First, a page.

After 8 years of not noticing things, the press rediscovers that Social Security is going broke:
Medicare and Social Security are running out of money more quickly than expected, officials said Tuesday.
Government trustees reported that a combination of rising costs and an aging population cut the life expectancy of Medicare’s trust fund to just 8 years…
Meanwhile, higher benefit payouts mean Social Security will have to dip into its nearly $3 trillion trust fund for the first time since 1982 — and trustees warned the program would be insolvent by 2034.
1982, for those not old enough to remember, was the last time Social Security was “saved”, meaning that the Ponzi scheme* was restructured, taxes and retirement ages raised, and the system put on a “pay as you go” basis. The “trust fund” quickly built up and all the Boomers looking forward to retirement breathed a sigh of relief. Now that they are retiring en-masse, it appears that the green eyeshade brigade downstairs at the Social Security Administration is making some new adjustments that those Boomers might not appreciate.
This may come as a shock to many, but neither Medicare nor Social Security actually have a “trust fund” to dip into. What they have are lots of non-marketable treasury notes, i.e. government IOUs, to the tune of a few trillion dollars. When the SSA “dips into” its fund, it presents a few notes to the US Treasury, which then sells an equal amount of debt on the market and hands the proceeds back to SSA for distribution. The “Trust Fund” merely represents the cumulative amount of money collected in Social Security taxes that Congress has spent on funner things, like sexual harassment settlements. It’s an accounting ledger, and the numbers are not looking good.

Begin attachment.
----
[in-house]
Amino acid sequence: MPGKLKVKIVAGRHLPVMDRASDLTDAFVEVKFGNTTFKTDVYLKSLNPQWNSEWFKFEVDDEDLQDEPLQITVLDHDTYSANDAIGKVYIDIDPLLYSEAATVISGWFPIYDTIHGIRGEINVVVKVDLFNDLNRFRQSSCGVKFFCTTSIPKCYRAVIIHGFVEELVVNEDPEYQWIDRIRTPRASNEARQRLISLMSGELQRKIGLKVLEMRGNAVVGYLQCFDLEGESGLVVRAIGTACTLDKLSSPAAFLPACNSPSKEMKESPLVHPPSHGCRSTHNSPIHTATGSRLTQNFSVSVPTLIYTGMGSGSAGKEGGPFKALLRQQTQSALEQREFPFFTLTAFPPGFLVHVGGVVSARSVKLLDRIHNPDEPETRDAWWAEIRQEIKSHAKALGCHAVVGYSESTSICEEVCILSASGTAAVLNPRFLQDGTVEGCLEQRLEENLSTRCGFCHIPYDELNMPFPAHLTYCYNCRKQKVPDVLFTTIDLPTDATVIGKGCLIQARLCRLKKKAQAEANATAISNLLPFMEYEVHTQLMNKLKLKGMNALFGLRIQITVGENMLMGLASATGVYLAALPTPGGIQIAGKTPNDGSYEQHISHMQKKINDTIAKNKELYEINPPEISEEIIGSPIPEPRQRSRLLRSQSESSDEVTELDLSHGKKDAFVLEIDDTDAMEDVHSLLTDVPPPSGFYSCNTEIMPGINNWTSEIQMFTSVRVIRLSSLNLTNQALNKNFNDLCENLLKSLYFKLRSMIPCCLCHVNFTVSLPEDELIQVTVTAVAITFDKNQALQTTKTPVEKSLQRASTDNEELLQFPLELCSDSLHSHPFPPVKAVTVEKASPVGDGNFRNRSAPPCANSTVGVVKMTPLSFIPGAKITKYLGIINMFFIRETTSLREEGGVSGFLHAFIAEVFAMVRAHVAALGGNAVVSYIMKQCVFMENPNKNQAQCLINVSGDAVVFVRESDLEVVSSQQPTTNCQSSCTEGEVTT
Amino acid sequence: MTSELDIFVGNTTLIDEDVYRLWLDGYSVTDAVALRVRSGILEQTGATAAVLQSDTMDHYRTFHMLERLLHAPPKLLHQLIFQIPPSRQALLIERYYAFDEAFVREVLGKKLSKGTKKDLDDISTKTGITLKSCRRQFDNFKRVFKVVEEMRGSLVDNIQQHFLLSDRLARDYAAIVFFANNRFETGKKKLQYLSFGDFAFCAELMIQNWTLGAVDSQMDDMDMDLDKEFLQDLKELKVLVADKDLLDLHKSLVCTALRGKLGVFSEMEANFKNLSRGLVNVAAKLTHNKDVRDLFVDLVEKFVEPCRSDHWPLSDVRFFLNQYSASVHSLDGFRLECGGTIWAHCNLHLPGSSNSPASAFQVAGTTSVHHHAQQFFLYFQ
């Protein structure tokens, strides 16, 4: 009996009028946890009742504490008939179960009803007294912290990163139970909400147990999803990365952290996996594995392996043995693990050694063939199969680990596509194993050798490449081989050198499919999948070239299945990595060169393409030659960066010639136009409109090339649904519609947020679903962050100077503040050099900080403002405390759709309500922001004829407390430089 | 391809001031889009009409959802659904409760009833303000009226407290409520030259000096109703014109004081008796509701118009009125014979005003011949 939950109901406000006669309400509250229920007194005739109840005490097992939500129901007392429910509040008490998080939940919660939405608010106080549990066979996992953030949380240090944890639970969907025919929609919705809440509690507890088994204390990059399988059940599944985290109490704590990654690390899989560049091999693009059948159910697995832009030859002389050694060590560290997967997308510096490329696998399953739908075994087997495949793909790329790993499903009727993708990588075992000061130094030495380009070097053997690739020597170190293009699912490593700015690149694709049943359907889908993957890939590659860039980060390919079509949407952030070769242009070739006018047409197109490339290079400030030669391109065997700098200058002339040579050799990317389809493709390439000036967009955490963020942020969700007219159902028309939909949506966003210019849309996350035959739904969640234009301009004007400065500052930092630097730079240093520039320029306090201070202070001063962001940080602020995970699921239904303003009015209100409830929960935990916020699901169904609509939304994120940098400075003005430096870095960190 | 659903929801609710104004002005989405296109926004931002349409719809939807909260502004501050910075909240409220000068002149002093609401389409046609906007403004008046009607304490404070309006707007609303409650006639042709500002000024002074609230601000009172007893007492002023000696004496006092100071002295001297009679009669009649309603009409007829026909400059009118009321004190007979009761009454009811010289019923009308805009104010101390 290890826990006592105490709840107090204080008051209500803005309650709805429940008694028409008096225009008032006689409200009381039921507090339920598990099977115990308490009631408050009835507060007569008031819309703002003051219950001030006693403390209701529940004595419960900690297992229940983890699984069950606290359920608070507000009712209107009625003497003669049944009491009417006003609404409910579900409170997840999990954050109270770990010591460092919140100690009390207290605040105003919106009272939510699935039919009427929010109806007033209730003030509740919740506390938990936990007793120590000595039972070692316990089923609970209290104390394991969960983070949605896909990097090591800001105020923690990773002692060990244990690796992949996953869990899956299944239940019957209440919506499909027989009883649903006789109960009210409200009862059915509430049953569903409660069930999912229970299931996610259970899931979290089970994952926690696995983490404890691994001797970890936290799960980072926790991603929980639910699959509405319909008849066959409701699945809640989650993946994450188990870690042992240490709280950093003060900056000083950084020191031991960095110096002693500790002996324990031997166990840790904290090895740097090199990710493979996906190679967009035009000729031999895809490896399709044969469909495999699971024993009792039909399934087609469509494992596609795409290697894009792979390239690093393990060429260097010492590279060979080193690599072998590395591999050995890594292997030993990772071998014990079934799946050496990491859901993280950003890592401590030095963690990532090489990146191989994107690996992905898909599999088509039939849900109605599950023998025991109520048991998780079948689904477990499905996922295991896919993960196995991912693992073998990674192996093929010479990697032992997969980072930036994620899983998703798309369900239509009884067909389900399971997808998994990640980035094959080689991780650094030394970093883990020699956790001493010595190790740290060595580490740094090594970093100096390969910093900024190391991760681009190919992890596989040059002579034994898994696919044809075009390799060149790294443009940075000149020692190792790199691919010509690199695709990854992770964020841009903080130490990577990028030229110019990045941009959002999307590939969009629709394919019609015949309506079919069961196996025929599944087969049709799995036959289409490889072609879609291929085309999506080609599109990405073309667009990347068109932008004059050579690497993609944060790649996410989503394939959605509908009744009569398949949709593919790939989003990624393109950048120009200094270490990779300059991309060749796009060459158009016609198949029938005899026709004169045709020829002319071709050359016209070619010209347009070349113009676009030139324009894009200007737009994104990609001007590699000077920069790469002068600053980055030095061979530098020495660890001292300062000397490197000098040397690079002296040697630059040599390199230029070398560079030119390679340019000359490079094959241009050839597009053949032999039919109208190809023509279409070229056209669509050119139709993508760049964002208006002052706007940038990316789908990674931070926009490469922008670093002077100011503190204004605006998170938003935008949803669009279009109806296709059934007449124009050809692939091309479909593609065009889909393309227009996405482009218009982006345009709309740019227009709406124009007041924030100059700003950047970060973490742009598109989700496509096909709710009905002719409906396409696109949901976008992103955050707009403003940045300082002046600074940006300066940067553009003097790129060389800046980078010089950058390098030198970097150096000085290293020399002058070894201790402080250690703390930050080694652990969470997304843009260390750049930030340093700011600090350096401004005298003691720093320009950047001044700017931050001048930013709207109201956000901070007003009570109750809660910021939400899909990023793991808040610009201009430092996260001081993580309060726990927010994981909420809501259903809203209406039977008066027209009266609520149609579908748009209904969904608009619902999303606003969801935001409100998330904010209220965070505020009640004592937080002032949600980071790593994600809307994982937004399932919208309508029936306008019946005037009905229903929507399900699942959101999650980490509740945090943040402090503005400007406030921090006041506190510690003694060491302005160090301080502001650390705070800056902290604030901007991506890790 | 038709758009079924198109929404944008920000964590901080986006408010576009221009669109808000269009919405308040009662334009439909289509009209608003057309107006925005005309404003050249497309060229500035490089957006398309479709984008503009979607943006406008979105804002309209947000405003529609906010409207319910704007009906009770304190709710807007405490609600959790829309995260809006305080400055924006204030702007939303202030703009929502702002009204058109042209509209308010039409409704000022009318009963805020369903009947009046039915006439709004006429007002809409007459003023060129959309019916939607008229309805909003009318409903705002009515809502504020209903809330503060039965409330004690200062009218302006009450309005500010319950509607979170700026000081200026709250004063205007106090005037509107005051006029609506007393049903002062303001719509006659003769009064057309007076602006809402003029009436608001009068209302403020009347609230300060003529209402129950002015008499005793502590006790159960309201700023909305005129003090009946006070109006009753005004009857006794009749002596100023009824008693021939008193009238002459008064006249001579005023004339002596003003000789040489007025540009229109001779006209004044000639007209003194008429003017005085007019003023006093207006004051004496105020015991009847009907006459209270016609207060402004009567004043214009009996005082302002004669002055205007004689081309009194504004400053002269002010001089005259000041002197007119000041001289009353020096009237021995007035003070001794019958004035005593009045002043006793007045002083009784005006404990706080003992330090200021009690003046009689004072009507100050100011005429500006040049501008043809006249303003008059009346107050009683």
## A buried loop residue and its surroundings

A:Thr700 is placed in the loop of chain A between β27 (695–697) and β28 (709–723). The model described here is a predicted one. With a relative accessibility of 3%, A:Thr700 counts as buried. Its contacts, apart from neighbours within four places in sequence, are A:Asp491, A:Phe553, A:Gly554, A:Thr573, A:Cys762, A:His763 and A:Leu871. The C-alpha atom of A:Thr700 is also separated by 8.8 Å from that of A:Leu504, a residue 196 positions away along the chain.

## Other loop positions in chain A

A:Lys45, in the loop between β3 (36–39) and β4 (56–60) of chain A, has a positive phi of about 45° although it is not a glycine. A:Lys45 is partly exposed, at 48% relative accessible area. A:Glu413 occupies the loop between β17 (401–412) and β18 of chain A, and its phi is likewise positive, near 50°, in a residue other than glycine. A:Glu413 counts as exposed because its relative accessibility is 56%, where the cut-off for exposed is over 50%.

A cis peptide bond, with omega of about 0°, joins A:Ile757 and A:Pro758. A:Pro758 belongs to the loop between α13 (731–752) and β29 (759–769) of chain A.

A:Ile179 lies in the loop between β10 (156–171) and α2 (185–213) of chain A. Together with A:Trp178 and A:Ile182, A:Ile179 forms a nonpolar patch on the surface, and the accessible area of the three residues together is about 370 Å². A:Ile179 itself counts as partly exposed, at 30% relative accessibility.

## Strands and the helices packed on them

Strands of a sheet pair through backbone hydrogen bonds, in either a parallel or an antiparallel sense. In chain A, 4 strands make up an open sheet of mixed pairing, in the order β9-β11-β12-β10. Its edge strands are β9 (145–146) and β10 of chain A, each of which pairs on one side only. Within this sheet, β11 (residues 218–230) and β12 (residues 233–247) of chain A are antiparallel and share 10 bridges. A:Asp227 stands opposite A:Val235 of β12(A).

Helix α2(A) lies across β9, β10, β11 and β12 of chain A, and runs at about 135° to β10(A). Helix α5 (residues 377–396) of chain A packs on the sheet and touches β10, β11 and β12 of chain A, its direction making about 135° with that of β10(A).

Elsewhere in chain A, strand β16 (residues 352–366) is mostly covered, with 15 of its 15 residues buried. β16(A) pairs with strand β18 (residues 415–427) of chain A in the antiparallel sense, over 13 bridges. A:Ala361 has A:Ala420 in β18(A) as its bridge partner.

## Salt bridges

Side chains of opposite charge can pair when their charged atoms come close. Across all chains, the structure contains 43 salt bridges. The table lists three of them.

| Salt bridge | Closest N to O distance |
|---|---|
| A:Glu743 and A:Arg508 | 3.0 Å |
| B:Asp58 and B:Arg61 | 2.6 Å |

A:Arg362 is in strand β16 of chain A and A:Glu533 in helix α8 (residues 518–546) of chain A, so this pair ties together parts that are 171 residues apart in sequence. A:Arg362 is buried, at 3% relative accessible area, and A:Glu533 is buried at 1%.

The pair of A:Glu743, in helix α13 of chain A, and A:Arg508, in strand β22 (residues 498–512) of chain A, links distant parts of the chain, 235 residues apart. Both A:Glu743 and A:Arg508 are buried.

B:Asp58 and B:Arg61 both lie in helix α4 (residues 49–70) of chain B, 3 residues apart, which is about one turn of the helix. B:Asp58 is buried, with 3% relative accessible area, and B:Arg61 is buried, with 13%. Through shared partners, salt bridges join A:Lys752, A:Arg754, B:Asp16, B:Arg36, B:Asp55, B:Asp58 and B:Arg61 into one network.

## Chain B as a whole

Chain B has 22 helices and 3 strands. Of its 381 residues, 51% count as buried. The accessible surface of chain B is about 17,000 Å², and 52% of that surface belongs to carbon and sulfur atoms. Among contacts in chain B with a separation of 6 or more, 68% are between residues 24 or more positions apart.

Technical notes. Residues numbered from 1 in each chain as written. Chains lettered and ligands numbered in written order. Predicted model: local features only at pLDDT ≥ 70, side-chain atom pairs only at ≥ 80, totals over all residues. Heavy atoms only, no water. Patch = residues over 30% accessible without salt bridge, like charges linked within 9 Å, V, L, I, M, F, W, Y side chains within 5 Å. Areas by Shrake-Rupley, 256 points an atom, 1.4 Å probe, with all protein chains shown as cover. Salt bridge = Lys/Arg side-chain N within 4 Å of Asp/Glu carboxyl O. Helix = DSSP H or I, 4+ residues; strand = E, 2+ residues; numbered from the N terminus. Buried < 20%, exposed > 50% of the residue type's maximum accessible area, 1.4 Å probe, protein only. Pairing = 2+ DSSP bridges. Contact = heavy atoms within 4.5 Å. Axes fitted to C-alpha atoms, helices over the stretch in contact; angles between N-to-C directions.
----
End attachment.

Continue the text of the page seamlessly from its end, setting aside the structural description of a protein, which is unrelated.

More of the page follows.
So what happens next? In the short term. Probably nothing. Eight years is four election cycles, and no one wants to touch this before it becomes critical. And even when the trust funds run out, there will probably be “emergency” appropriations in plenty, with Congressmen bragging with each that they are keeping grandma from eating dog food, so vote for them**.
In the long term, however, Social Security as we know it is going to die. It cannot be sustained no matter how many gardeners we import. But it cannot be eliminated, either: too many votes depend in it. The largest generation in history is going to milk it dry and will defend their right to do so via the ballot box.
What happens when a program cannot be funded and cannot be eliminated? This is government we’re talking about: it gets funded. And if the money cannot be borrowed, it will be printed. And if it’s printed, the checks going out might not be worth much. There’s lots of money in Argentina, after all. And math works the same way in every country.
“But what are we to do about it?” you might ask. If by that you mean, “How do we save Social Security and Medicare?” I don’t believe we can. Oh, we can and will make adjustments, but in the end they are a free lunch. You may say there’s no such thing, but those eating disagree.